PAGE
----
Even by previous standards, an astonishing year for Pep Guardiola and the Blues. City won everything going in English football. An unprecedented domestic treble of the Premiership, FA Cup and League Cup, plus the Community Shield, making an all-conquering quadruple.
City may have struggled a little in the league in the 2019/20 season, but they have been the team of the decade, amassing more titles and points than any other club in that time. A genius of a manager is leading us towards four more trophies this season.
Somerset County Cricket Club – for winning the Royal London One Day Cup at Lord’s and coming so close to the Championship yet again, denied this time only by three days of torrential rain.
Dina Asher Smith
For her magnificent medal-winning performances in the World Championships. And, for yet another sensational dress at the BBC’s Sports Review of the Year ceremony.
Winner: Gary Younge
For his authoritative opinion pieces in The Guardian, setting out the truth for a society that would rather turn a blind eye and just carry on regardless. Especially for denouncing the extremism of Trump, Johnson and co. For dispelling their nonsense and exposing their lies. For calling instead for human decency, truth, justice and equality. For challenging all of us to be better and to make this world a fairer place for everyone.
No runners up.
Last year’s winner Robert Peston came a cropper this year, ceasing to be reliable in his predictions on how MPs would behave. But then, who could blame him? The House of Commons went weird and we all ended up scratching our heads. How could it have come to this?
8. Political / Social Leadership
Winner: Jacinda Ahern
New Zealand, a tiny nation, so often leads the way in world affairs. And they have the kind of leader that so many of us in the rest of the world can only dream of. Jacinda Ahern is honoured here for her humanity as well as her firmness. For successfully bringing in gun control laws. Yes, America, it is possible! For wearing a hijab when she consoled grieving Muslims who had lost loved ones in a terrorist attack by a white supremacist. For being such a fine leader and source of inspiration on so many issues. We can only wonder if we will ever have any kind of leader in Britain again, let alone such a superb one.
Compassion and strength: Jacinda Ahern
For his ongoing promotion of HIV awareness, and for taking on the media when they went too far. Meghan, Harry and baby deserve privacy and time to enjoy being a family.
For being herself. For leaving herself off the cover of the September edition of Vogue magazine, putting a mirror panel there instead of her picture so that we could all see ourselves instead. For bringing vibrancy and new life to the Royal Family. For being strong and rising above so much hatred flung at her.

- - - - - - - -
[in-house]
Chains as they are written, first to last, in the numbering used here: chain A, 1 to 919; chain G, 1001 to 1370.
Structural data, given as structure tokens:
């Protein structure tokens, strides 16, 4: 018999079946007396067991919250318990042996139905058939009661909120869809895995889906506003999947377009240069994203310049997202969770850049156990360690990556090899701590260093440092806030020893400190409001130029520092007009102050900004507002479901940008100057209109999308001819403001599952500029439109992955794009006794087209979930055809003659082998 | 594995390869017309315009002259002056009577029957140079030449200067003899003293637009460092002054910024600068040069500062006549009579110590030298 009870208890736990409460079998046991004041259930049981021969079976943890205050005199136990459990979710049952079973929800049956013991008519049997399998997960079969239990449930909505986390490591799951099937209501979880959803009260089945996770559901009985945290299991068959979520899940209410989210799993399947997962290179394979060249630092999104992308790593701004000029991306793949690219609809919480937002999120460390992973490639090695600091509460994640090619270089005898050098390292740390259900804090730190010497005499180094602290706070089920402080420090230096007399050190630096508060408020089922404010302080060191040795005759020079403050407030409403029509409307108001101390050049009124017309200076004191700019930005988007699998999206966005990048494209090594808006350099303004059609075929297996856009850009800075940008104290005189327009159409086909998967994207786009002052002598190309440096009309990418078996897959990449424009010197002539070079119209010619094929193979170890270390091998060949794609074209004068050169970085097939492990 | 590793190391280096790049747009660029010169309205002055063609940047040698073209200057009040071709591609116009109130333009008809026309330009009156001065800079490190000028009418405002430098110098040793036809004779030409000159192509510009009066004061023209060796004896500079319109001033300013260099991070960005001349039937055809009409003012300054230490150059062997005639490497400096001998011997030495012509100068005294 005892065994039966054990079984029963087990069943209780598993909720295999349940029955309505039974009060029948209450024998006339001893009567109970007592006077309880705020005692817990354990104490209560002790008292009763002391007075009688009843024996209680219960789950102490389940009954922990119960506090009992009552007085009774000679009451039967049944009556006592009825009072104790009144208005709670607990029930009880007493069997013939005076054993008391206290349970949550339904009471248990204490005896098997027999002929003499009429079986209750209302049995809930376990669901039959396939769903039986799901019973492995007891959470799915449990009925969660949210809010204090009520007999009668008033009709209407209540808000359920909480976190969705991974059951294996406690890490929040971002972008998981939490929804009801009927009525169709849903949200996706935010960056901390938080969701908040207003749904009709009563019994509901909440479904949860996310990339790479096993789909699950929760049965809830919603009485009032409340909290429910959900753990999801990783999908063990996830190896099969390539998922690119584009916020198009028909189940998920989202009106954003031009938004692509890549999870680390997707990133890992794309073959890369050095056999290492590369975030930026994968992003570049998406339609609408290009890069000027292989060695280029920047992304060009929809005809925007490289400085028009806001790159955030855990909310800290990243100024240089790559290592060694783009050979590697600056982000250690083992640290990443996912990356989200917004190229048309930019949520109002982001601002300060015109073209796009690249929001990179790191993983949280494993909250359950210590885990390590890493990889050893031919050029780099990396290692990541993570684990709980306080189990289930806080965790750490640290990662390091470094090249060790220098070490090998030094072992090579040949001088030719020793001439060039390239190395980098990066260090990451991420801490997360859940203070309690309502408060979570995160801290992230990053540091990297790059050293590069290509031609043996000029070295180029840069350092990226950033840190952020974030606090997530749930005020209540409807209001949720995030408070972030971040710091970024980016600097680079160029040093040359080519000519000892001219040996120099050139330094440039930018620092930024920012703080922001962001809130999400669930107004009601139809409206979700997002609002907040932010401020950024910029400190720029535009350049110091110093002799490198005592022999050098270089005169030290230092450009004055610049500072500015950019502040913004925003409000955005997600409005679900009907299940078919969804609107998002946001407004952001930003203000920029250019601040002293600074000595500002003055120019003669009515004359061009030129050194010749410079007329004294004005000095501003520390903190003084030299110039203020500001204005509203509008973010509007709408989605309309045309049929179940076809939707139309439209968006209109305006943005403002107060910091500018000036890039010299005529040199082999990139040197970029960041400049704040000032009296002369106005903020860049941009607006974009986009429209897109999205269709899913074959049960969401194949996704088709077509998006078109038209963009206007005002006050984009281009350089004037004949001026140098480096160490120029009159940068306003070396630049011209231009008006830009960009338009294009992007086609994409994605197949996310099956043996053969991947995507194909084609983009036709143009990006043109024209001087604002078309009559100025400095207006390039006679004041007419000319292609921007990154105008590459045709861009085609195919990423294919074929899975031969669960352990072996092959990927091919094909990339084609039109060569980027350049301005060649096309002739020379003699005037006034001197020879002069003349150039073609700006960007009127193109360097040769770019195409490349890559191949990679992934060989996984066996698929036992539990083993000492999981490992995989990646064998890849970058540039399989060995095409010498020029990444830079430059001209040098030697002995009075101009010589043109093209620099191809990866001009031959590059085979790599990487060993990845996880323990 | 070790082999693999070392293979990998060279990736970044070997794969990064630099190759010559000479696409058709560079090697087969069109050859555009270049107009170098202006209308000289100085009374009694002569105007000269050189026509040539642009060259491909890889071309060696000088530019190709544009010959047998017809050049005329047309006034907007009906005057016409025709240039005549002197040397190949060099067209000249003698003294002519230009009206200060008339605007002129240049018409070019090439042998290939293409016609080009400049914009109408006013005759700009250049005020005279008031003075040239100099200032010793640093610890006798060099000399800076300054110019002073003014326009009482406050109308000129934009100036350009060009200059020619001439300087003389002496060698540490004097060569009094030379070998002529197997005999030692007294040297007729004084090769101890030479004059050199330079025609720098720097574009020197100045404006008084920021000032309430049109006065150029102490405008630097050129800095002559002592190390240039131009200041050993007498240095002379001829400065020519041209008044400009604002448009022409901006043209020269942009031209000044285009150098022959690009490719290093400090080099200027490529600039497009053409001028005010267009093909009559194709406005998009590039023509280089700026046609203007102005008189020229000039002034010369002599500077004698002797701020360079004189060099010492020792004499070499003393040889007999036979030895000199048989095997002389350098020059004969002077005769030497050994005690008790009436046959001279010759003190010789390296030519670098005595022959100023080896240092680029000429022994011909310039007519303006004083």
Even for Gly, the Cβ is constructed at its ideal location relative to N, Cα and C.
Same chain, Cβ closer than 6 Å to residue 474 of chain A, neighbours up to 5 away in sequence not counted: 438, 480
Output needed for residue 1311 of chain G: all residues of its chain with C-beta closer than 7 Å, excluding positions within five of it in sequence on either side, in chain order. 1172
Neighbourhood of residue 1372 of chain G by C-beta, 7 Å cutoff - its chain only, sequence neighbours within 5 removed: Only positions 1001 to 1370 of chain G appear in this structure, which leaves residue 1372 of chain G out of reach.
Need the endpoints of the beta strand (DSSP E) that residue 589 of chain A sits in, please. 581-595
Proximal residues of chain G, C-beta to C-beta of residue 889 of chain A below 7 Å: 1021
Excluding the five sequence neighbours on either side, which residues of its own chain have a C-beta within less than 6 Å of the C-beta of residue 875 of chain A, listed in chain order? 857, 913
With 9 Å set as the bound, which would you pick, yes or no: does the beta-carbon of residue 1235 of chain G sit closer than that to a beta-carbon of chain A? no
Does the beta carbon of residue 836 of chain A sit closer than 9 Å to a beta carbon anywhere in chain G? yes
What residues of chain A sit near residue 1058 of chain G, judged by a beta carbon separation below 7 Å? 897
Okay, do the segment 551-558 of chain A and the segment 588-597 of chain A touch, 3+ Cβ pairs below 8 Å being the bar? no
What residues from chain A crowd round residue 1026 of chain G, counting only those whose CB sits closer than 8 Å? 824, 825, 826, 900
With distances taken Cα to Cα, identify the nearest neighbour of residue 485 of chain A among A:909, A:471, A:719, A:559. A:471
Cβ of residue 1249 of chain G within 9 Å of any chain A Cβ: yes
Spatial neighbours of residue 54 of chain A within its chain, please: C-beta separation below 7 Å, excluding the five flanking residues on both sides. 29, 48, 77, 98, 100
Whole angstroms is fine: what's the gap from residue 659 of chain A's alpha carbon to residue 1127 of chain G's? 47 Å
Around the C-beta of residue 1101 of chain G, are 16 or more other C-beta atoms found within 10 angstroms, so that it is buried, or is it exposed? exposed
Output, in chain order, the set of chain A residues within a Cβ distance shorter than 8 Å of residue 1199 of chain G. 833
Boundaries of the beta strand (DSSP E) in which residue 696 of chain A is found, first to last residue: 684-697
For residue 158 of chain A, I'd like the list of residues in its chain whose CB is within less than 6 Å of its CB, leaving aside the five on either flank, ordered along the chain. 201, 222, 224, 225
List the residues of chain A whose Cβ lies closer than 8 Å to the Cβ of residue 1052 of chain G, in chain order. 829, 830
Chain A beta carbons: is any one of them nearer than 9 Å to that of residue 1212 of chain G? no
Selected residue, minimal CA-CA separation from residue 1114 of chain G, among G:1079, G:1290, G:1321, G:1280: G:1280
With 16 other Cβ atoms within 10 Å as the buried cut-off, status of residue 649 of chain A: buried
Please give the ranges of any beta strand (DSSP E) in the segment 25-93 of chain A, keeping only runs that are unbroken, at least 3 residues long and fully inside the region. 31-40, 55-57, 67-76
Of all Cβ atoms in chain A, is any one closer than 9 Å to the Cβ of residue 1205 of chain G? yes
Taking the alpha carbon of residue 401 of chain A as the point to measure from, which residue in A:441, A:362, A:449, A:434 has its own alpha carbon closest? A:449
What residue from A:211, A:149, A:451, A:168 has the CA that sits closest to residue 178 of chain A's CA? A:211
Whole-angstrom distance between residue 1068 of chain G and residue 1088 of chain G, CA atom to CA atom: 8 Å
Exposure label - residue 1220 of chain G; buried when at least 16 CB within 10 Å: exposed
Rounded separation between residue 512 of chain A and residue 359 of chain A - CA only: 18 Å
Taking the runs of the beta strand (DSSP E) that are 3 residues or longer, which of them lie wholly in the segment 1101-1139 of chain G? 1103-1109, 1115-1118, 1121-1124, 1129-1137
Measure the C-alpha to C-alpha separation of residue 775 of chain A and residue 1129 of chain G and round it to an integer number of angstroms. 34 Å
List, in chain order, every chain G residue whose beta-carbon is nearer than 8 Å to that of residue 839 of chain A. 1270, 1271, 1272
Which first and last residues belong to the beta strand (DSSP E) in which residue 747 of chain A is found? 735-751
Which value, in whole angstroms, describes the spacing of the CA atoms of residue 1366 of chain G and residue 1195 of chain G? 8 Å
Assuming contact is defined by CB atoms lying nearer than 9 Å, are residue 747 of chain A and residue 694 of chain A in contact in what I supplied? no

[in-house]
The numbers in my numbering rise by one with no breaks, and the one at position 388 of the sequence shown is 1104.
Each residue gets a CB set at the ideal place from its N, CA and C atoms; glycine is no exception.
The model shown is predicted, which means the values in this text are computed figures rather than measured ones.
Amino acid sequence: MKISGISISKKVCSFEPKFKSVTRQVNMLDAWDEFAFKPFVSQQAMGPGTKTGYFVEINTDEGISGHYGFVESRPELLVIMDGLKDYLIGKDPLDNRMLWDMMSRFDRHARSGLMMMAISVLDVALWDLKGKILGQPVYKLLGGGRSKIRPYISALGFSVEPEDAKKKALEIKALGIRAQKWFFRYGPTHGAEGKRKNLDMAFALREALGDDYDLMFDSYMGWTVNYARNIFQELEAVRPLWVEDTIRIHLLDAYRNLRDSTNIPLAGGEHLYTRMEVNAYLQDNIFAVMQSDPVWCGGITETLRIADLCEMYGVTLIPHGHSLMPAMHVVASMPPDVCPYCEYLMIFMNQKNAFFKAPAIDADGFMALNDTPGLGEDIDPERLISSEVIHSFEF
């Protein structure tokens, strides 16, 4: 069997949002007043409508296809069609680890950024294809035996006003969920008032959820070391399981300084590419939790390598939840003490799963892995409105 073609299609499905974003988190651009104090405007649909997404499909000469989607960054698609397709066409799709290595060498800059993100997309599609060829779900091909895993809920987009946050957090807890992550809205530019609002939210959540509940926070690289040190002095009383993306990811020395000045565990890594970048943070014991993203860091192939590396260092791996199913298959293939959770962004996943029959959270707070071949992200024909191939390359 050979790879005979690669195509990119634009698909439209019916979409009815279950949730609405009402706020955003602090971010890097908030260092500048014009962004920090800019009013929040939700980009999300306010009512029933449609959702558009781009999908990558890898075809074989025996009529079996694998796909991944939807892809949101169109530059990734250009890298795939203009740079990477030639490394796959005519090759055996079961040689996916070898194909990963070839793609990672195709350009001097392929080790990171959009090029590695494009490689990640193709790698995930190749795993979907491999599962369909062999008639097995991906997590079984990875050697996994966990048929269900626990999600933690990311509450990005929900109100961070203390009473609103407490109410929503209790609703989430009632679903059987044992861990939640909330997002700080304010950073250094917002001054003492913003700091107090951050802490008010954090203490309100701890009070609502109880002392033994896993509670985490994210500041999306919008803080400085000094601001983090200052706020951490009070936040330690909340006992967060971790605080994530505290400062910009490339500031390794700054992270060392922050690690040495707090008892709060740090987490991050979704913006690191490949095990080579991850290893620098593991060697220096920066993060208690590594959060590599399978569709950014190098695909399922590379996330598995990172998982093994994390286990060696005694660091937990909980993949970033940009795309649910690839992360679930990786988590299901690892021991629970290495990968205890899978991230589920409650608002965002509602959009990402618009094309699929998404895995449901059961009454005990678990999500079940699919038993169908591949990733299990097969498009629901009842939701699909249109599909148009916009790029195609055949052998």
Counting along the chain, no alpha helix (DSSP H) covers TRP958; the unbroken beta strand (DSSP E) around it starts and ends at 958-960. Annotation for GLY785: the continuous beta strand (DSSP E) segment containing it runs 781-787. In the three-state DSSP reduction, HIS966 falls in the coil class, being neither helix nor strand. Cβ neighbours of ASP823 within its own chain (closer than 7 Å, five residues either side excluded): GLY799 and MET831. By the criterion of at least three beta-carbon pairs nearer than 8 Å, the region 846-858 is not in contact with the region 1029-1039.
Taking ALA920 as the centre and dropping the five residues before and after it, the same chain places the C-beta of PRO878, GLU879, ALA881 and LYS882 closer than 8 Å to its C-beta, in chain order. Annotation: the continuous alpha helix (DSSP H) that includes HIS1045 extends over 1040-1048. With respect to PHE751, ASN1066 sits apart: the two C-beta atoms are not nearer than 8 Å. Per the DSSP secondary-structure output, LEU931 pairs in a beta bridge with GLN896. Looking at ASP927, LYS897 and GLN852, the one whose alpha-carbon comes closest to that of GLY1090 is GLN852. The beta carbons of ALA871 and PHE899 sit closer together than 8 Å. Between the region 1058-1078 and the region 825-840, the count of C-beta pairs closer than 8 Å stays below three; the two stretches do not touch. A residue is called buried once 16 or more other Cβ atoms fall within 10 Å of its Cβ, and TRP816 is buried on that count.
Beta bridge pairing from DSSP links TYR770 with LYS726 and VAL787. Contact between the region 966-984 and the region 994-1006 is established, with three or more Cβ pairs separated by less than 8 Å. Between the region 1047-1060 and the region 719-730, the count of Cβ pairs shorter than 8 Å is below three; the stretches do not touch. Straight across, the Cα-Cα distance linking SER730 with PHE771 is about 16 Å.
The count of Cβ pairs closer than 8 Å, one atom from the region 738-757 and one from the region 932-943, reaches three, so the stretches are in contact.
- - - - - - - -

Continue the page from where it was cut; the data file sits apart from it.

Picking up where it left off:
The Queen has also had a hard time this year. She has been obliged to listen to and to speak the words of corrupt politicians. I feel she deserves so much more, but I hereby offer a small tribute to Her Majesty for 2019, for deliberately not wearing her crown at one of those pointless openings of parliament.
9. Social Justice
Winner: Raheem Sterling
Raheem has played a big part on and off the pitch in recent years. The goals are coming in abundance now, but more important has been the striker’s stand against racism. Raheem has defied the haters and smiled in the face of adversity. He has set a shining example to those around him and everyone else watching from afar, living up to the role model status the media eventually had to accord him. Raheem made a nice gesture at FA Cup semi-final time when he paid for tickets and transport to Wembley for every pupil at his former school in Brent. We have a national treasure here.
Raheem Sterling and friends
Gina Miller came close, mounting a titanic legal challenge to those seeking to deprive us of our EU membership. Sadly, our continent is all but gone. But thanks for trying Gina.
Steve Bray has also made a massive effort over the last few years, standing outside the palace of Westminster every day, through rain and shine, draped in an EU flag, wearing an EU hat, and using his megaphone with gusto. Thanks for being there Steve. But again, sadly, the country has failed to respond.
10. The Special Award for Cultural Connectivity
Winner: Tamara Rojo
The award this year goes to a creative wonder who has made a massive contribution to English artistic culture. She is also a shining example of cultural connectivity within Europe. And so, once again, we are celebrating an exceptional leader from overseas.
The English National Ballet continues to reach ever greater heights, thanks to Tamara's vision and dynamism. The Spanish superstar dances less these days, but when she steps onto the stage she is exquisite. A dancer who brings perfection to every performance and a true joy to behold. Tamara has recently led the English National Ballet to its splendid new home on London City Island, and is currently preparing for the ENB's 70th Anniversary Gala performances at The Coliseum on 17th and 18th January.
I was fortunate to meet Tamara at the Instituto Cervantes in London in November. For the main event, she was interviewed in Spanish, so I struggled to keep up, but still found myself rapt in attention. I then enjoyed talking to Tamara in English afterwards. For once, I have to admit to being just a little star struck. I think she was too :)
Congratulations to all the award winners and runners up. It's been a wonderful year.
© Eddie Hewitt 2019
See the Connected Cultures Annual Awards 2018